What is the difference between Yahoo iPage and Yahoo Web Hosting?

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Got a question, hope someone can answer... What is the difference between Yahoo iPage and Yahoo Web Hosting? Thanks in advance for any comment. Another question on my mind: Available 3 character domains.

<1400 .net domains (.net domains being sold at Regfly for $2.99).

<12000 .org domains (.org domains being sold at for $1.59 for asian, african and south american markets only;$5.99+ for other markets from other HostGator sellers).

<700 .info domains (.info domains being sold at Regfly for $0.60).

Estimated Cost to buy all remaining 3character .net, .org and .info.


Anyone else think that now is a great time to buy 3 character domains?.

Anyone else think that the 3character .net, .org and .info domains will run out this year?.

Would this affect the value of 3 character .com domains much?..

Comments (15)

Good question... I dunno what is the right answer to your question. I'll do some Googling and get back to you if I find an answer. You should email the people at iPage as they probably can answer it..

Comment #1

That $24,000 includes a lot of trash. The fact that the supply is low and demand is high means prices inflate. However, these inflated prices are from resellers and wholesale domainers like us... who are buying at greater prices because of speculation that prices will increase (so we can profit). B.

Unfortunately, these resellers will be hard pressed to sell to anyone... except perhaps another reseller who is praying this LLL.extension craze will net them a nice profit..

Just my two sense but, my approach has always been to reg names with a clearly identifiable end user. I'm no expert but that's my two sense..

Good Luck..

Comment #2

.info has run out now!.

Personally, I think that the .net and .org will be quick to follow...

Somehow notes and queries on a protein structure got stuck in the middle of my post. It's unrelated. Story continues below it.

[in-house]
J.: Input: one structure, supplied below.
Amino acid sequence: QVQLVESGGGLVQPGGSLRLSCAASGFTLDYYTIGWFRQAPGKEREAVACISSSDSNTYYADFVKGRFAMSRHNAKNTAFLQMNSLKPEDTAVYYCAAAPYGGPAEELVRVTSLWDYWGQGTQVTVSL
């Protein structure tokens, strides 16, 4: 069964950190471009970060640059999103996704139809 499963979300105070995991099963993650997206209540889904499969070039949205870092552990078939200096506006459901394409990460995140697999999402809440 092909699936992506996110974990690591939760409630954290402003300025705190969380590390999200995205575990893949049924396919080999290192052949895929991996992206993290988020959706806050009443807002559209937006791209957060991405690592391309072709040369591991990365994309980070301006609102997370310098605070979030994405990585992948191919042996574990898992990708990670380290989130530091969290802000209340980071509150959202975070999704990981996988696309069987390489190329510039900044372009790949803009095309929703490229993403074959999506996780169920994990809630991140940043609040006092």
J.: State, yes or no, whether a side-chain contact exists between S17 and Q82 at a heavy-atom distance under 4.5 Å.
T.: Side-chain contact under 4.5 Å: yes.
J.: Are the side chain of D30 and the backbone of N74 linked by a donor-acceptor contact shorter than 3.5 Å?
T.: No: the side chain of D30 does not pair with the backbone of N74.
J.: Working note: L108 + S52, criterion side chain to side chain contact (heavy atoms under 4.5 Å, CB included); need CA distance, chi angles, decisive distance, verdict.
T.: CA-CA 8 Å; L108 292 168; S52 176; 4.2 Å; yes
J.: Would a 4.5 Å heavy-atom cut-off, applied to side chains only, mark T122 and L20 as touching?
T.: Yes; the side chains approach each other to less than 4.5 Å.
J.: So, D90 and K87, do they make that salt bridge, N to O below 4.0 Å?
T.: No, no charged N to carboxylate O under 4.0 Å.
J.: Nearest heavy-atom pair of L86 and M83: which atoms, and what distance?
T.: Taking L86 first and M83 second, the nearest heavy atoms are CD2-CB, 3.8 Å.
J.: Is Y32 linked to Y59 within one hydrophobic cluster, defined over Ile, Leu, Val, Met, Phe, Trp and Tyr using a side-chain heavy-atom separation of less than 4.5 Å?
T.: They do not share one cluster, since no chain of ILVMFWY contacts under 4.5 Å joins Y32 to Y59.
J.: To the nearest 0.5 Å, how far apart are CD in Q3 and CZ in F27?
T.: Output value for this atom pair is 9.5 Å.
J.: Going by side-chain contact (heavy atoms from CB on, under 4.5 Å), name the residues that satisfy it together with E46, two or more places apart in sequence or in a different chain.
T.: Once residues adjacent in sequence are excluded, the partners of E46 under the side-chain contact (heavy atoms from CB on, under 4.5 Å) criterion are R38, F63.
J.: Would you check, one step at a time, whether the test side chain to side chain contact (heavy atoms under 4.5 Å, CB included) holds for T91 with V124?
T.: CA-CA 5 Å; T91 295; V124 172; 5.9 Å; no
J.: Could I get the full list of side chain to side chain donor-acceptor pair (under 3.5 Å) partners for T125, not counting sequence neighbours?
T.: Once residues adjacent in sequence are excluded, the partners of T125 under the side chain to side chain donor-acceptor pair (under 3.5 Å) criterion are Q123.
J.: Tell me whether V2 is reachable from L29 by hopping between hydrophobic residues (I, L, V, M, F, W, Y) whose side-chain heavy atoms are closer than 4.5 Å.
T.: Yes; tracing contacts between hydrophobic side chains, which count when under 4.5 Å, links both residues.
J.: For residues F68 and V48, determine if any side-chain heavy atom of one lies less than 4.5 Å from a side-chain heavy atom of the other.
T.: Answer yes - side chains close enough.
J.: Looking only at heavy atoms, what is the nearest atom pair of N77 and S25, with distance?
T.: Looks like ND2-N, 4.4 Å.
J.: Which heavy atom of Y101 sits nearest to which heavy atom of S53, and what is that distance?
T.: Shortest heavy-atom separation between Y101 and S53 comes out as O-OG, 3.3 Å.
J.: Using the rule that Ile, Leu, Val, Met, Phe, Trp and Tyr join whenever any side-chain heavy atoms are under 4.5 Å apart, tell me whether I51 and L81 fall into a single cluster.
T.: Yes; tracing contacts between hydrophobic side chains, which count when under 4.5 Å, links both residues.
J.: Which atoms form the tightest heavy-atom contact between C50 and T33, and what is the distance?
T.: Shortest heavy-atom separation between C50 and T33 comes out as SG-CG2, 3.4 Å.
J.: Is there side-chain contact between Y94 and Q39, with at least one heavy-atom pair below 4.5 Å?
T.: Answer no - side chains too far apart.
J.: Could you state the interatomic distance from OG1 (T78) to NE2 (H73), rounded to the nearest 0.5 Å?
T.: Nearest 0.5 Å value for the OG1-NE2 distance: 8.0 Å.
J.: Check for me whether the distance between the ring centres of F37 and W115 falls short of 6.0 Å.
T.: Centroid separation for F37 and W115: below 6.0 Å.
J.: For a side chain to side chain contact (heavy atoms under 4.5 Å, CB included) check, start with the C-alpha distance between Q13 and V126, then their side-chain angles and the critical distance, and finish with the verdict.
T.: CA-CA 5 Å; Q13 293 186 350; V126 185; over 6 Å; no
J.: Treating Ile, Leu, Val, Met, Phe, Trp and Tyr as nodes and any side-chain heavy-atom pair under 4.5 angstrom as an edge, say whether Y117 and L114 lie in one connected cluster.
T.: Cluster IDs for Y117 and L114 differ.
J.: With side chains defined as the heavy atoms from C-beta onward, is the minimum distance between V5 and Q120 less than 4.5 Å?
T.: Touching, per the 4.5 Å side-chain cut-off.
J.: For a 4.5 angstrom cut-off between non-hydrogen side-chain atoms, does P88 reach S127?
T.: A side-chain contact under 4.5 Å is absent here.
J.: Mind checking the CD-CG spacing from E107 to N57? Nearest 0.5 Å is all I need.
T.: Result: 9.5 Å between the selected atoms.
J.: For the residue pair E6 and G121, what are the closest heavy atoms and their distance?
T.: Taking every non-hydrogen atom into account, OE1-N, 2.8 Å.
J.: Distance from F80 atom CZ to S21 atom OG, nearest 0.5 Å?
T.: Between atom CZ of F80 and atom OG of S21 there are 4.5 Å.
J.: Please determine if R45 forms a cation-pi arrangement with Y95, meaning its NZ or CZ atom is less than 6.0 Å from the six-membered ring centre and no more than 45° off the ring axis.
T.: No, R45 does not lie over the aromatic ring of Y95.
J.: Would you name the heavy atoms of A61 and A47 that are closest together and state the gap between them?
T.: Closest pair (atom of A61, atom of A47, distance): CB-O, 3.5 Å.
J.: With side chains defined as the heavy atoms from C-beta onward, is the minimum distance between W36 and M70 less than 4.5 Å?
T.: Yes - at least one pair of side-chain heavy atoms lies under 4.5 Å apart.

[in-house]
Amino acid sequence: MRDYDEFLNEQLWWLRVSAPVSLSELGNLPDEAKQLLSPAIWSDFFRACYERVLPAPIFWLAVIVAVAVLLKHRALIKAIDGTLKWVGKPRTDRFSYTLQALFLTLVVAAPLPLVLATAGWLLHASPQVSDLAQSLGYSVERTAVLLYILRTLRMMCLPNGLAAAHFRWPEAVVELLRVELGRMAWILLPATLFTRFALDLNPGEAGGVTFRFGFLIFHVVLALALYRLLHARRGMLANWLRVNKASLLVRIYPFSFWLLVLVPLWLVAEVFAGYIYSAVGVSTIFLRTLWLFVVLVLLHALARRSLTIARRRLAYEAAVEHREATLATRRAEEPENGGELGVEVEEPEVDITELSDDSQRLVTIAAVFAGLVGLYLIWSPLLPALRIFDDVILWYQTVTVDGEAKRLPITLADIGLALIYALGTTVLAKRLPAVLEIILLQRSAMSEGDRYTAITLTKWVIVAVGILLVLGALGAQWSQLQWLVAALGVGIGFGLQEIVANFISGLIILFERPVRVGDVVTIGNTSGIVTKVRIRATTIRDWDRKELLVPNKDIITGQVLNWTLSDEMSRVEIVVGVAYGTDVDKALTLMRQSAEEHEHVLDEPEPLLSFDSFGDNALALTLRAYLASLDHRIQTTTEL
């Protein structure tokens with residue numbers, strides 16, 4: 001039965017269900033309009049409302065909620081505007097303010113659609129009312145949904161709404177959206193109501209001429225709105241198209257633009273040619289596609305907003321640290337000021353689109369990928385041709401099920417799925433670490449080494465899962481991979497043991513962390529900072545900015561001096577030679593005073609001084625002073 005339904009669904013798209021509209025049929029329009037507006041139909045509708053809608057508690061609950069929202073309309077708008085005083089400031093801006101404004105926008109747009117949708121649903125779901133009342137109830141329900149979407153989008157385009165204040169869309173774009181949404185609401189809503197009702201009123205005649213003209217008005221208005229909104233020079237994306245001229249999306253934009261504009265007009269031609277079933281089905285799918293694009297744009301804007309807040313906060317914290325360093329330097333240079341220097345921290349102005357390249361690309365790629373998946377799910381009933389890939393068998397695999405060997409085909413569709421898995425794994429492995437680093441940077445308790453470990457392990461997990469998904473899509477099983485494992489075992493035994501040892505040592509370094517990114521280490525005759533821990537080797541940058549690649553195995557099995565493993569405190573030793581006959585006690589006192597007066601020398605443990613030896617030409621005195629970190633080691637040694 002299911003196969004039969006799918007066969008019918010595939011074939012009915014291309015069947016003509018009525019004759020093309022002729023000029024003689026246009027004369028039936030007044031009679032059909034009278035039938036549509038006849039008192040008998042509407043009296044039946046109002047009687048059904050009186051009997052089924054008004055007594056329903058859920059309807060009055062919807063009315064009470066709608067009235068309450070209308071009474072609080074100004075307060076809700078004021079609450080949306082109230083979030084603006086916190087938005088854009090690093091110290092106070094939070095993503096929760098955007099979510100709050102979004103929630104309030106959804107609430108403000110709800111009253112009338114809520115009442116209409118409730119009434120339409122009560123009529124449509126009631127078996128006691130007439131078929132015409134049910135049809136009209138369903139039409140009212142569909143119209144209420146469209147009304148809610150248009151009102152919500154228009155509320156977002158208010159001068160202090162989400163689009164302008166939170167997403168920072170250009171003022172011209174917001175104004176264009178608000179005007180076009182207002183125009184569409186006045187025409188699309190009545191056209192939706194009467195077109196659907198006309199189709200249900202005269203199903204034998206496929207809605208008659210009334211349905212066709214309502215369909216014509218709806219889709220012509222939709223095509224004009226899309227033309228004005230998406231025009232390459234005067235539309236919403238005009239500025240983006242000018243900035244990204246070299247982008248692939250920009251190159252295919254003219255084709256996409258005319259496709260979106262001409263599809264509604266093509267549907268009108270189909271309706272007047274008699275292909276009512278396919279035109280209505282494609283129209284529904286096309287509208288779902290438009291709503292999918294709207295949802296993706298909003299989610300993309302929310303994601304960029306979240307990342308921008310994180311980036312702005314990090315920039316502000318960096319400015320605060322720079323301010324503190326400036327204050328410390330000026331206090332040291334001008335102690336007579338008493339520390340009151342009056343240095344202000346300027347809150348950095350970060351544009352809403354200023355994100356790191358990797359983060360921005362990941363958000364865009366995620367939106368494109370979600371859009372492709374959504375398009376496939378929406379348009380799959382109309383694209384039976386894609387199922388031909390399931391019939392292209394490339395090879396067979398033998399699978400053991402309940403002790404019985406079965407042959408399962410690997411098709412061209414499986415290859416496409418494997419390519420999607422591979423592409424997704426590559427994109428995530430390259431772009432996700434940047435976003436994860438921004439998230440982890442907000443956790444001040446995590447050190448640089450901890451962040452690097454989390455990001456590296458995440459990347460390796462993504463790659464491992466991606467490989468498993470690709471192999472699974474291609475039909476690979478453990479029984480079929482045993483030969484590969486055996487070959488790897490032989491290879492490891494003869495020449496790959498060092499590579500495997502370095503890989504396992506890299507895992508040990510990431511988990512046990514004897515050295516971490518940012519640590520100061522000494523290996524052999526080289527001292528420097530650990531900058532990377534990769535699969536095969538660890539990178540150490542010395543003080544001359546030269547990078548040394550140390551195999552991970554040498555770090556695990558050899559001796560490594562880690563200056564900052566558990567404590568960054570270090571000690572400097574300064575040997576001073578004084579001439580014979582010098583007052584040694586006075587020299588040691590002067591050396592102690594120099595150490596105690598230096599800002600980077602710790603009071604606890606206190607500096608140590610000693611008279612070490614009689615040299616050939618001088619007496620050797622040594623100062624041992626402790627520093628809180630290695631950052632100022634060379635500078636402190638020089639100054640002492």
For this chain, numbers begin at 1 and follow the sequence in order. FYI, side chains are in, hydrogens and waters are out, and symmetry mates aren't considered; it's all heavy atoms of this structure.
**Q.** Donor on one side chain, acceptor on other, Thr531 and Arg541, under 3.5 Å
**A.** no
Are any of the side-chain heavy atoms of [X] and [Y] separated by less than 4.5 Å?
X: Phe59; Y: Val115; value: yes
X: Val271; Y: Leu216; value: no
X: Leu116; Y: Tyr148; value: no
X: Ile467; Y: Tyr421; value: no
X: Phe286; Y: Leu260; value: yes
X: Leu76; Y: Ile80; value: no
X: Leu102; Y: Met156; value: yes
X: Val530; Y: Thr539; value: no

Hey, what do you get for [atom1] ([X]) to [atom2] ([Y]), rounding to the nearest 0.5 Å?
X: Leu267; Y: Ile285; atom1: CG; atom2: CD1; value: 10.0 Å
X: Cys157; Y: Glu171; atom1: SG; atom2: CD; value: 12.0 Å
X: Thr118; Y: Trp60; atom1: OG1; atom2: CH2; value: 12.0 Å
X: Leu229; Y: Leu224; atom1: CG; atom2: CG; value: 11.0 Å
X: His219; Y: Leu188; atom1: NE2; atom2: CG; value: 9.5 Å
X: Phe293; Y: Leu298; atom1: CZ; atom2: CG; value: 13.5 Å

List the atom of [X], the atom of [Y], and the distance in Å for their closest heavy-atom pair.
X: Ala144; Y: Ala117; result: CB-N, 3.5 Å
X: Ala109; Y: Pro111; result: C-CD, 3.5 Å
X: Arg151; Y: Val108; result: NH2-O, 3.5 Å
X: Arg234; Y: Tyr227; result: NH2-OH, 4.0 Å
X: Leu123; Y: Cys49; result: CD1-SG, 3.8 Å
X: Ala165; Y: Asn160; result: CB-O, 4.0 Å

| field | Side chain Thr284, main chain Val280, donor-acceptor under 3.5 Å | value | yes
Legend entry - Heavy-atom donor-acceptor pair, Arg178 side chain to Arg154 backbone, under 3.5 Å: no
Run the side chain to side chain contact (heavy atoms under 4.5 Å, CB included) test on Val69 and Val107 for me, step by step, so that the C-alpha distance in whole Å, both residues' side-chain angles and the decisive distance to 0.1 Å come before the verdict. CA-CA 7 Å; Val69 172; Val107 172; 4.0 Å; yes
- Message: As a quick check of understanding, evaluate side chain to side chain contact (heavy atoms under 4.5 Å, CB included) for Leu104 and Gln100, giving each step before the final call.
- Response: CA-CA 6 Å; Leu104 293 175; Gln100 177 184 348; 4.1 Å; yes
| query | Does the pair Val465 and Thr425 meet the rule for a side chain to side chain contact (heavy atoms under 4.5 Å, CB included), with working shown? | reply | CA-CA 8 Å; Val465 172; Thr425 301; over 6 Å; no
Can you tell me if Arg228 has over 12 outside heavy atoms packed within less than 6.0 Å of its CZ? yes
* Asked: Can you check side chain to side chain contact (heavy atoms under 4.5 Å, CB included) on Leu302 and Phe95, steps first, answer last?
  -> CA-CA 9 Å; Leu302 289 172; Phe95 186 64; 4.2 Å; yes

Comment #3

How do you know the .info has run out?..

Comment #4

All the premuims are gone...I believe ONLY the .com will really bring a substancial return,,The .net will get some and .info I don't think will pull much weight...

Comment #5

3 people from the thread below verify this. I'm assuming that they are correct..


Latest check ~930 domains left...

Comment #6

Very interesting idea. But it's costs a lot of money..

Comment #7

Perhaps, if the overall HostGator market continues to advance..

Just because it has been that way in the past does not assure the future..

I do agree that there are not a lot of end users in the 3 character market - some, but not a lot. But the LLL market is not a whole lot better..

All those names would quicky oversaturate the market on eBay. Ideal would be to "corner" a market segment then hold them back and promote how rare they are...

Comment #8

I'm not talking about a huge profit but if you buy .org domains for $1.59, you should be able to sell them for $3.18, 6 months after they run out. Your right, there probably are better strategies than just selling them on ebay 6 months after purchasing them...

Comment #9

I would agree that, in the end, supply and demand will be the determinants. So far, the ride has been a good one..